Experimental determination of Thorium partitioning between monazite and xenotime using analytical electron microscopy and X-ray diffraction Rietveld analysis
Seydoux-Guillaume, Anne-Magali; Wirth, Richard; Heinrich, Wilhelm; Montel, Jean-Marc
European Journal of Mineralogy Volume 14 Number 5 (2002), p. 869 - 878
published: Sep 27, 2002
ArtNo. ESP147051405002, Price: 29.00 €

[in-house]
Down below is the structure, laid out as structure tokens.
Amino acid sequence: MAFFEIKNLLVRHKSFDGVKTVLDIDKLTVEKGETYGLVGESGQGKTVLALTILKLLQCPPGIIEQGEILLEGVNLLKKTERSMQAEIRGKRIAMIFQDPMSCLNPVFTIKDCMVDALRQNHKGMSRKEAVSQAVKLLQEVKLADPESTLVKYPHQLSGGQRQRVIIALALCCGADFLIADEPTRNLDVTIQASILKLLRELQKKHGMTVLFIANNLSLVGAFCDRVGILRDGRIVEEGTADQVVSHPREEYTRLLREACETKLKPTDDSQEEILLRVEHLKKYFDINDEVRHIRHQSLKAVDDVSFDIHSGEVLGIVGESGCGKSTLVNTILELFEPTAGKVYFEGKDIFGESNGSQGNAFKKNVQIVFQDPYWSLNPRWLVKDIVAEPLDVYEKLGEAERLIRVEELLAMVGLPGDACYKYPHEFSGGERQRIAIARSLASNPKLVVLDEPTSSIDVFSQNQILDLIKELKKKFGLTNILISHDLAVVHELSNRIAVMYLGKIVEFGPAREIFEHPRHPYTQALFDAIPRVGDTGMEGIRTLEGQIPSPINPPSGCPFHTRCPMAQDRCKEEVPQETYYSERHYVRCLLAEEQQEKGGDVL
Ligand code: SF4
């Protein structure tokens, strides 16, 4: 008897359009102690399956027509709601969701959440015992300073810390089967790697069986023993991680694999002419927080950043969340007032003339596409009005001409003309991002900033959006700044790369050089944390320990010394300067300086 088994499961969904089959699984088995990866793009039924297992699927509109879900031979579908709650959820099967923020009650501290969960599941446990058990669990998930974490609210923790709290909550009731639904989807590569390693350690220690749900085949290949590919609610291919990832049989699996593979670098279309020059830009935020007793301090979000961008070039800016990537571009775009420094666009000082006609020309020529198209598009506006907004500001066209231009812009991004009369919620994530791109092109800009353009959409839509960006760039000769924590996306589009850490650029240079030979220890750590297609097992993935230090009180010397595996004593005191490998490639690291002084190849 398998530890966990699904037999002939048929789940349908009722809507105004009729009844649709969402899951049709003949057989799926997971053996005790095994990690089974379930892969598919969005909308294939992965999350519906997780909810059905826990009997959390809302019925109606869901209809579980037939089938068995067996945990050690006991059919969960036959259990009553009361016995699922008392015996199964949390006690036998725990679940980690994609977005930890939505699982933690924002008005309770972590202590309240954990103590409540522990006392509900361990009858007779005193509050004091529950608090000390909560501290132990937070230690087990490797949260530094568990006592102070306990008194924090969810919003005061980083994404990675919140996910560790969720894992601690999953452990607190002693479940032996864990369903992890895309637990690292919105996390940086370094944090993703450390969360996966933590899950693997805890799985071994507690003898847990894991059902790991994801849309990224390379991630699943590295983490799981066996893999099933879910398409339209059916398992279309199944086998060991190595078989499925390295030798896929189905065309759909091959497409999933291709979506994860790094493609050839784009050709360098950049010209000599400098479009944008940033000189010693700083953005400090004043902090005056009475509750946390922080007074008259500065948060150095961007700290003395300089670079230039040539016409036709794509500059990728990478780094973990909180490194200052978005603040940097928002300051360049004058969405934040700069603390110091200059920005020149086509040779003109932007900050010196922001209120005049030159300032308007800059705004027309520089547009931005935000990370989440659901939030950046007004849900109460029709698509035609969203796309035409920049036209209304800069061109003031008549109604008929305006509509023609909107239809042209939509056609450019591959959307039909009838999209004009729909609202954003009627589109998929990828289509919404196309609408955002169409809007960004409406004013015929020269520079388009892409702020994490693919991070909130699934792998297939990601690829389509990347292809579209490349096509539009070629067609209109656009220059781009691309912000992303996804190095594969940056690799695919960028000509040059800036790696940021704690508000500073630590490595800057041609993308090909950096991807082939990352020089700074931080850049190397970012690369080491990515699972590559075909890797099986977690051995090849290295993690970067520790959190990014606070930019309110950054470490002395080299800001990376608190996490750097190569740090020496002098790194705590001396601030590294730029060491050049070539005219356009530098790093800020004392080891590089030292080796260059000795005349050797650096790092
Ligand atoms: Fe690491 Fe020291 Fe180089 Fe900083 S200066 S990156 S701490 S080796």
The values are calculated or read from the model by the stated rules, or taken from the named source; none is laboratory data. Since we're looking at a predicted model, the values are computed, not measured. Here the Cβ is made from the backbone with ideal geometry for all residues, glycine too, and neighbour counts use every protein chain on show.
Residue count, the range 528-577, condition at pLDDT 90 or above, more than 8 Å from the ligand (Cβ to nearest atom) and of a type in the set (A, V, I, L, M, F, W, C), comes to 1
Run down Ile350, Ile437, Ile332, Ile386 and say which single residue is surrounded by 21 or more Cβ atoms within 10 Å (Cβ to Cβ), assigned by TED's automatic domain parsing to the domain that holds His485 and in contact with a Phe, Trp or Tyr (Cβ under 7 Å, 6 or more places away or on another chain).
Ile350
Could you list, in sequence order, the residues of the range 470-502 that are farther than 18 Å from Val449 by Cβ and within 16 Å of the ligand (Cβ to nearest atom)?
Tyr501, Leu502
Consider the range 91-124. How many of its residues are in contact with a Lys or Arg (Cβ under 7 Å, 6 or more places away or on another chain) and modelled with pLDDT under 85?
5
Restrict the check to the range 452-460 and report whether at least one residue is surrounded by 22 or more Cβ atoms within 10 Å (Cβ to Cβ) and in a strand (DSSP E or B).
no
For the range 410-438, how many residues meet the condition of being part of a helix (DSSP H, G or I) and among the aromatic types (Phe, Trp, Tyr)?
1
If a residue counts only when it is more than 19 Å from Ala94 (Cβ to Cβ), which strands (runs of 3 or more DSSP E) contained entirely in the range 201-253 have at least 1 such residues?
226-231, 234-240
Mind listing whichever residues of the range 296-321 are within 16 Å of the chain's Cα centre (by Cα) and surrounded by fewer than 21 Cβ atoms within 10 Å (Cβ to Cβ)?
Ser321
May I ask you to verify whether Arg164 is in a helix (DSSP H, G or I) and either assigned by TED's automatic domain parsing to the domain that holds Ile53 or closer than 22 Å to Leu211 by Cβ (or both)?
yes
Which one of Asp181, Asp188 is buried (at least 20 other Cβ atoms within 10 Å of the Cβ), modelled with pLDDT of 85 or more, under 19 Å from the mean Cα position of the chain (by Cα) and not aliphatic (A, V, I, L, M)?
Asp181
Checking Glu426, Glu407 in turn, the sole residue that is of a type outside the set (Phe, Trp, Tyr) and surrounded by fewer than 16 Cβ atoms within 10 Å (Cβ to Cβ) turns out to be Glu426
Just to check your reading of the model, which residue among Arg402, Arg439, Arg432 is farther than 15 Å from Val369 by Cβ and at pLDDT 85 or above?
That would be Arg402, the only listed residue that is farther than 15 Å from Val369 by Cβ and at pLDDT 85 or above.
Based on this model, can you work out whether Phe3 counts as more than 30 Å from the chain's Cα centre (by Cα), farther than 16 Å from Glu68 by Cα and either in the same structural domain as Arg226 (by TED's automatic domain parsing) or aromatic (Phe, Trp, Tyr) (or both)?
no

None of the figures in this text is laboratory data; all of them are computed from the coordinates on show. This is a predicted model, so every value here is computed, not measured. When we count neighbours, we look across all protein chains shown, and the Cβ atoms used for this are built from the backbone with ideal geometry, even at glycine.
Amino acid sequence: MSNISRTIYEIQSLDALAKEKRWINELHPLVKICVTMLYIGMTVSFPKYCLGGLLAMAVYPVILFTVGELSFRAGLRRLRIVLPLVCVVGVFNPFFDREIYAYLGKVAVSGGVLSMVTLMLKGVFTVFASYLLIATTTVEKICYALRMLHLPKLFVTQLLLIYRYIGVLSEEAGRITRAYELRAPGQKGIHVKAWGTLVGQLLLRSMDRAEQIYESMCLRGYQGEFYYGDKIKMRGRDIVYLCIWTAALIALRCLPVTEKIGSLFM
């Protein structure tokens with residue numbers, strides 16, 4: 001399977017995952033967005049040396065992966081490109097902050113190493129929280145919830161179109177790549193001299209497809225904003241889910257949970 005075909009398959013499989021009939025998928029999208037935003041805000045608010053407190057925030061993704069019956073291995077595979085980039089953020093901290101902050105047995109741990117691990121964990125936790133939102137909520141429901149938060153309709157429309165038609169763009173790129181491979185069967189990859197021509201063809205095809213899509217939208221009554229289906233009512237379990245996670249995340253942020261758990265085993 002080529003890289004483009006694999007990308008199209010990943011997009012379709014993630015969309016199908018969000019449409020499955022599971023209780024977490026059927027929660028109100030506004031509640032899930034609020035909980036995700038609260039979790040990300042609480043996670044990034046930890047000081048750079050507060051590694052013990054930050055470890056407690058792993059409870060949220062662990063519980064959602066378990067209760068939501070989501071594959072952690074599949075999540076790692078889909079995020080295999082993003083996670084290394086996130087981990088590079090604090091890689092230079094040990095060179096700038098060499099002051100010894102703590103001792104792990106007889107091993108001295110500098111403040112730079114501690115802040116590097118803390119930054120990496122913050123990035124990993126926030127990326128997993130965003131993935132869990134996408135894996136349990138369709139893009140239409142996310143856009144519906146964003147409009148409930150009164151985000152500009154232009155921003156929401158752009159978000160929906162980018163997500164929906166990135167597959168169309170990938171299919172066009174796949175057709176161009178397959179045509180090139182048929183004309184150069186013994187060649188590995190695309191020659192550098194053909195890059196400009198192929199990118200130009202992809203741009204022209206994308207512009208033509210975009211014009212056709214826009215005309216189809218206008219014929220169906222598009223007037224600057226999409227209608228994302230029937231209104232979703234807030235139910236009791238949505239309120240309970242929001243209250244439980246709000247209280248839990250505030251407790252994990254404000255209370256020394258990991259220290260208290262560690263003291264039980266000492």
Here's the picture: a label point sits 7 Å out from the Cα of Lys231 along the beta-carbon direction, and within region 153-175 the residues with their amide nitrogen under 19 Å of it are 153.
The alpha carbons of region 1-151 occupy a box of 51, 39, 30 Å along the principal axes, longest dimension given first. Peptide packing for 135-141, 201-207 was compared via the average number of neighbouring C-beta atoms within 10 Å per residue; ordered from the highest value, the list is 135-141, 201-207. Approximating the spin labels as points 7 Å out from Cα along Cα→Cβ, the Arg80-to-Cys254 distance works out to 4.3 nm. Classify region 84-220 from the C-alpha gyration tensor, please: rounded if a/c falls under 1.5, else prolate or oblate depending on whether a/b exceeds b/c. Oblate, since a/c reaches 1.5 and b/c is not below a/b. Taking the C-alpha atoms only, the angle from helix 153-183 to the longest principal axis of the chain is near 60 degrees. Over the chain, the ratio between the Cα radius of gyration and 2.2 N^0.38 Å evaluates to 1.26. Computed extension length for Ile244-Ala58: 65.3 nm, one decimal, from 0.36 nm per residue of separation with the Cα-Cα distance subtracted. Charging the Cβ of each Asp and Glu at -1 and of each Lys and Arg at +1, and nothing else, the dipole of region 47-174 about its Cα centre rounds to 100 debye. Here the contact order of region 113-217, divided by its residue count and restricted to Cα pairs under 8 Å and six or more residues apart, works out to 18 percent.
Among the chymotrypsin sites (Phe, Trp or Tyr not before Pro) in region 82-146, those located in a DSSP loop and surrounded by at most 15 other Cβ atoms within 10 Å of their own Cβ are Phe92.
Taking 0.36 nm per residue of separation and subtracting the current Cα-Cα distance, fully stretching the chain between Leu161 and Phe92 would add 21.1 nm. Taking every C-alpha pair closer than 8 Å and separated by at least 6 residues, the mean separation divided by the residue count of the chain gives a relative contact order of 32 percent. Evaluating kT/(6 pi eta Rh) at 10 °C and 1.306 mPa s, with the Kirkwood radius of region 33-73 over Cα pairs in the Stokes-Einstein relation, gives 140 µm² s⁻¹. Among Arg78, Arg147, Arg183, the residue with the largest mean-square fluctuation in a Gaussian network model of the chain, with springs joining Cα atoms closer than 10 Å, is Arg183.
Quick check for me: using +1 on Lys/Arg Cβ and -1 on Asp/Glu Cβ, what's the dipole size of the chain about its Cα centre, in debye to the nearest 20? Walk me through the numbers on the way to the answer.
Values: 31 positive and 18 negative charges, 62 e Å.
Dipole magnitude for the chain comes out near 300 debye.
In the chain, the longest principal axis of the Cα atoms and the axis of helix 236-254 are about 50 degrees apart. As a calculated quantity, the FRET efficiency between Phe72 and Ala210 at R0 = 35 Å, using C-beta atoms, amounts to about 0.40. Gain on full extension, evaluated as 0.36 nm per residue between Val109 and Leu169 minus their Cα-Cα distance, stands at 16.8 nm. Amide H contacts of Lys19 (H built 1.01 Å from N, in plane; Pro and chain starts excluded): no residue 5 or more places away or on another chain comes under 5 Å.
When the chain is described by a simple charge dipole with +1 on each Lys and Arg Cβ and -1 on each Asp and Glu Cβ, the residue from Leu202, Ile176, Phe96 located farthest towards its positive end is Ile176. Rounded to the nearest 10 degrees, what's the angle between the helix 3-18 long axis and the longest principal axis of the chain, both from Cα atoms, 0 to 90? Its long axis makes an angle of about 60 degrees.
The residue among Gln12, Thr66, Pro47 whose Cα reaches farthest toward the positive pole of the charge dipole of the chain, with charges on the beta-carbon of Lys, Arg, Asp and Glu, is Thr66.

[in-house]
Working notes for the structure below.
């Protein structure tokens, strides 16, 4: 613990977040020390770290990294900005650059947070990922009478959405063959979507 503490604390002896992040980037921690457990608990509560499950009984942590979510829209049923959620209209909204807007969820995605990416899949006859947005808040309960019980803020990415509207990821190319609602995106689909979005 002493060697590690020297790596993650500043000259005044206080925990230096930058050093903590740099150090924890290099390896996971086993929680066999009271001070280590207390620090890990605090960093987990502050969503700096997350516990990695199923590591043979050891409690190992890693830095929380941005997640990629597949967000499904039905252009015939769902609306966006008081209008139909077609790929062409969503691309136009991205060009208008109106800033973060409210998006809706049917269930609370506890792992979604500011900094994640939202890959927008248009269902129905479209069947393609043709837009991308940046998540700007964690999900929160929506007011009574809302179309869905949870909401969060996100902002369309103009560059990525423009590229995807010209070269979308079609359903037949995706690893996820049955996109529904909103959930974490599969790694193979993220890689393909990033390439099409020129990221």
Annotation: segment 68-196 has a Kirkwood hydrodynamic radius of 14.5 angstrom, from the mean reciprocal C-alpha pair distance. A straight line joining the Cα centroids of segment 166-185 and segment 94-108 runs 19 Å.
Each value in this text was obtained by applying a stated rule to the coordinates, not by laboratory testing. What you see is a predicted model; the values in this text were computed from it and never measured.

The Thorium distribution between monazite and xenotime has been determined experimentally using the coupled substitution Th + Si ⇔ REE + P. Experiments have been conducted in standard cold seal hydrothermal and internally heated pressure vessels at 200 MPa in the range of 600-1100 °C. Starting mixtures were prepared from gels composed of equal amounts of CePO4 and YPO4 with addition of 10, 20 and 50 mol% ThSiO4. The grain sizes of the run products were in the range of a few microns. Analytical electron microscopy (AEM) methods were applied to obtain reliable chemical compositions of the reaction products. Lattice parameters of run products were determined using Rietveld analysis. For runs with 10 and 20 mol% ThSiO4 component in the bulk the ThSiO4 component distributes almost exclusively into monazite at all temperatures. The amount of the YPO4 component in monazite increases relative to the Th-free system if significant amounts of ThSiO4 are present within the structure. ThSiO4 favours incorporation of YPO4 resulting in a shift of the monazite limb and the shrinkage of the monazite-xenotime miscibility gap in the CePO4-YPO4-ThSiO4 ternary diagram. Thermometric calculations based on monazite-xenotime equilibria must be corrected for this effect. For runs with 50 mol% ThSiO4 in the bulk, thorite formed as an additional phase at 600 to 900 °C but was absent at higher temperatures. At high XbulkThSiO4 and low T, the system is three-phase. The three-phase stability field strongly shrinks with increasing temperature. A tentative phase diagram of the ternary system CePO4-YPO4-ThSiO4 is proposed and discussed in the light of monazite-xenotime-thorite-bearing assemblages in natural rocks.